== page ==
31 Oct


 Slopes of Vesuvius photo PICT0019aa-1.jpg

My wife and I on the road up Vesuvious a few years ago.

I’ve been thinking about love a little bit recently. It’s an odd subject for an old fart like me, I know, but it keeps imposing itself on my daily toil via the gift of a wife.
The thing is, love, like a hooked nose, grey eyes or webbed feet, is part of evolution’s constant struggle to improve the species by adapting it more neatly to its environment. Maybe the hooked nose fell by the wayside for quite a lot of us, and it could be that grey eyes had no particular survival merit and most certainly webbed feet are a rarity, but love, it seems is enduring and so powerful that, at the right moment, it can reduce a fully grown man to tears.
It can be quite amusing working out the pitfalls encountered by Mother Nature during the struggle for perfection that ended up with the birth of my wife. We all know our environment and how it hasn’t changed to any significant degree since a brave little hominid climbed out of a tree and strode purposefully along an African valley floor. But we’ve changed. We’ve adapted rather beautifully, so much so that if we try to live on any other planet or satellite in the solar system (or in the neighbourhood of any other sun, as far as we know) we’d find ourselves ill-adapted to enjoy life or even survive at all.
Of course, we need to ensure that there are future generations to follow on behind us, for without the future the present would be a pretty pointless affair. So we reproduce. We pair off and do the delightful deed as many times as we can until the female half of the pairing grows large and produces an angel. Then we nurture that infant for years and years until it’s an independent adult and can do the same itself.
That’s most likely where love comes into the story.
Evolution has produced an arrangement in which both male and female parents stick together. They wouldn’t necessarily have to: the female could naturally acquire a whole regiment of temporary partners and that would suffice for part of the parental task – one to nurture and another to provide, initially out in the forests with a spear and eventually in the office with a secretary. But the male, in those circumstances, would have little vested personal interest in the development of another man’s offspring.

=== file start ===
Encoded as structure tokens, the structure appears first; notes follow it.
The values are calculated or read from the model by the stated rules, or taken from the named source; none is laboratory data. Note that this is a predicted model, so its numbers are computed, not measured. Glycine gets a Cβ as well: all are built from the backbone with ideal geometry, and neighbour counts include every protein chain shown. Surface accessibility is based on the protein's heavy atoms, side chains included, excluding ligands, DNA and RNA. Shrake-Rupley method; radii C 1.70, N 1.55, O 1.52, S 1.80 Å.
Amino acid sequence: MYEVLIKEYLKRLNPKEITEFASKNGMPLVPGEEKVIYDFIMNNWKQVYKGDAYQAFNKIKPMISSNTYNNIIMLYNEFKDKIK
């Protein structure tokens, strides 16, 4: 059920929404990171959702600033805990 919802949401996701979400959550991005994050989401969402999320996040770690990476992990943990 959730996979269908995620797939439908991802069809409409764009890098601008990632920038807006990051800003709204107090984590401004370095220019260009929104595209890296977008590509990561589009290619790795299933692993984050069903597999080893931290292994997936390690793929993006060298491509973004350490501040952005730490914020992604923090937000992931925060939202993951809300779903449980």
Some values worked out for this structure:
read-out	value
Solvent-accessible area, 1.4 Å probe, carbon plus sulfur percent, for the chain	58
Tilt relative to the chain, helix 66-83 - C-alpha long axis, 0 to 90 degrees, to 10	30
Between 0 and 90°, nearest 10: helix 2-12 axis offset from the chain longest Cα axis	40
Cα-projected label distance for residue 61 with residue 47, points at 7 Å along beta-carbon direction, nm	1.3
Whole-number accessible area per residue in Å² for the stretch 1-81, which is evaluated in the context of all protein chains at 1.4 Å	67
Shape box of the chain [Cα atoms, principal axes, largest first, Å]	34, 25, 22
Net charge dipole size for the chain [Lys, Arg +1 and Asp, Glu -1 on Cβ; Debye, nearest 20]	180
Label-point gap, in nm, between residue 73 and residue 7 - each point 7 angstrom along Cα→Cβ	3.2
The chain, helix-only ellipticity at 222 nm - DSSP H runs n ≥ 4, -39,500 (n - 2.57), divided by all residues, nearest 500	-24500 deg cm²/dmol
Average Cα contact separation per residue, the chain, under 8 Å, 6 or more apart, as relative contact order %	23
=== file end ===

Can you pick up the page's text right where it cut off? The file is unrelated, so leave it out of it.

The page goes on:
Much better for the original parents to stick together. It doesn’t always work out, of course. There’s the sabre-toothed tiger waiting to take him out if he has a careless moment, and in an intelligent species like ours it’s possible that individuals might not always continue to see eye-to-eye about important things, like life, and eventually split up. But in the majority of cases the parents remain together, at least until the job’s done. And that’s where, I think, love comes into it.
It’s not just physical things that are cosseted by evolution. Mental things are as well, and we are all equipped with a weird and dominating instinct to as good as worship another human being. It must have started as a fleeting little affection and it grew as the more successful parents were also lovers until it became the mighty emotion that it is today. It certainly stops us wandering off and it persists, as far as I can tell, for the remainder of our days, even beyond the dependent stage of our children. It’s strong, powerful, batters us on a daily basis, can have a physical outlet – but not necessarily – and provides each day of our lives with a huge something extra. It contributed to family stability, and when the family’s gone it continues to exercise a benign power on our lives.
How, you might ask, do I know this?
Well, tomorrow is my wife and my wedding anniversary and although we’ve only been married for six years they’ve been six of the most splendid years a man could have. We both say we’d like to have met earlier in our lives, but we didn’t. And both of us being septuagenarians and almost sensible with it, we know this heaven of ours can’t last for ever.
We have been caught up in evolution’s promise for the future and that means there’s precious little that I wouldn’t do for her. You see, I really do love her. It’s overpowering. It’s mighty. It guides my every mood and almost dictates my thoughts.
Woof woof!
© Peter Rogerson 31.10.14


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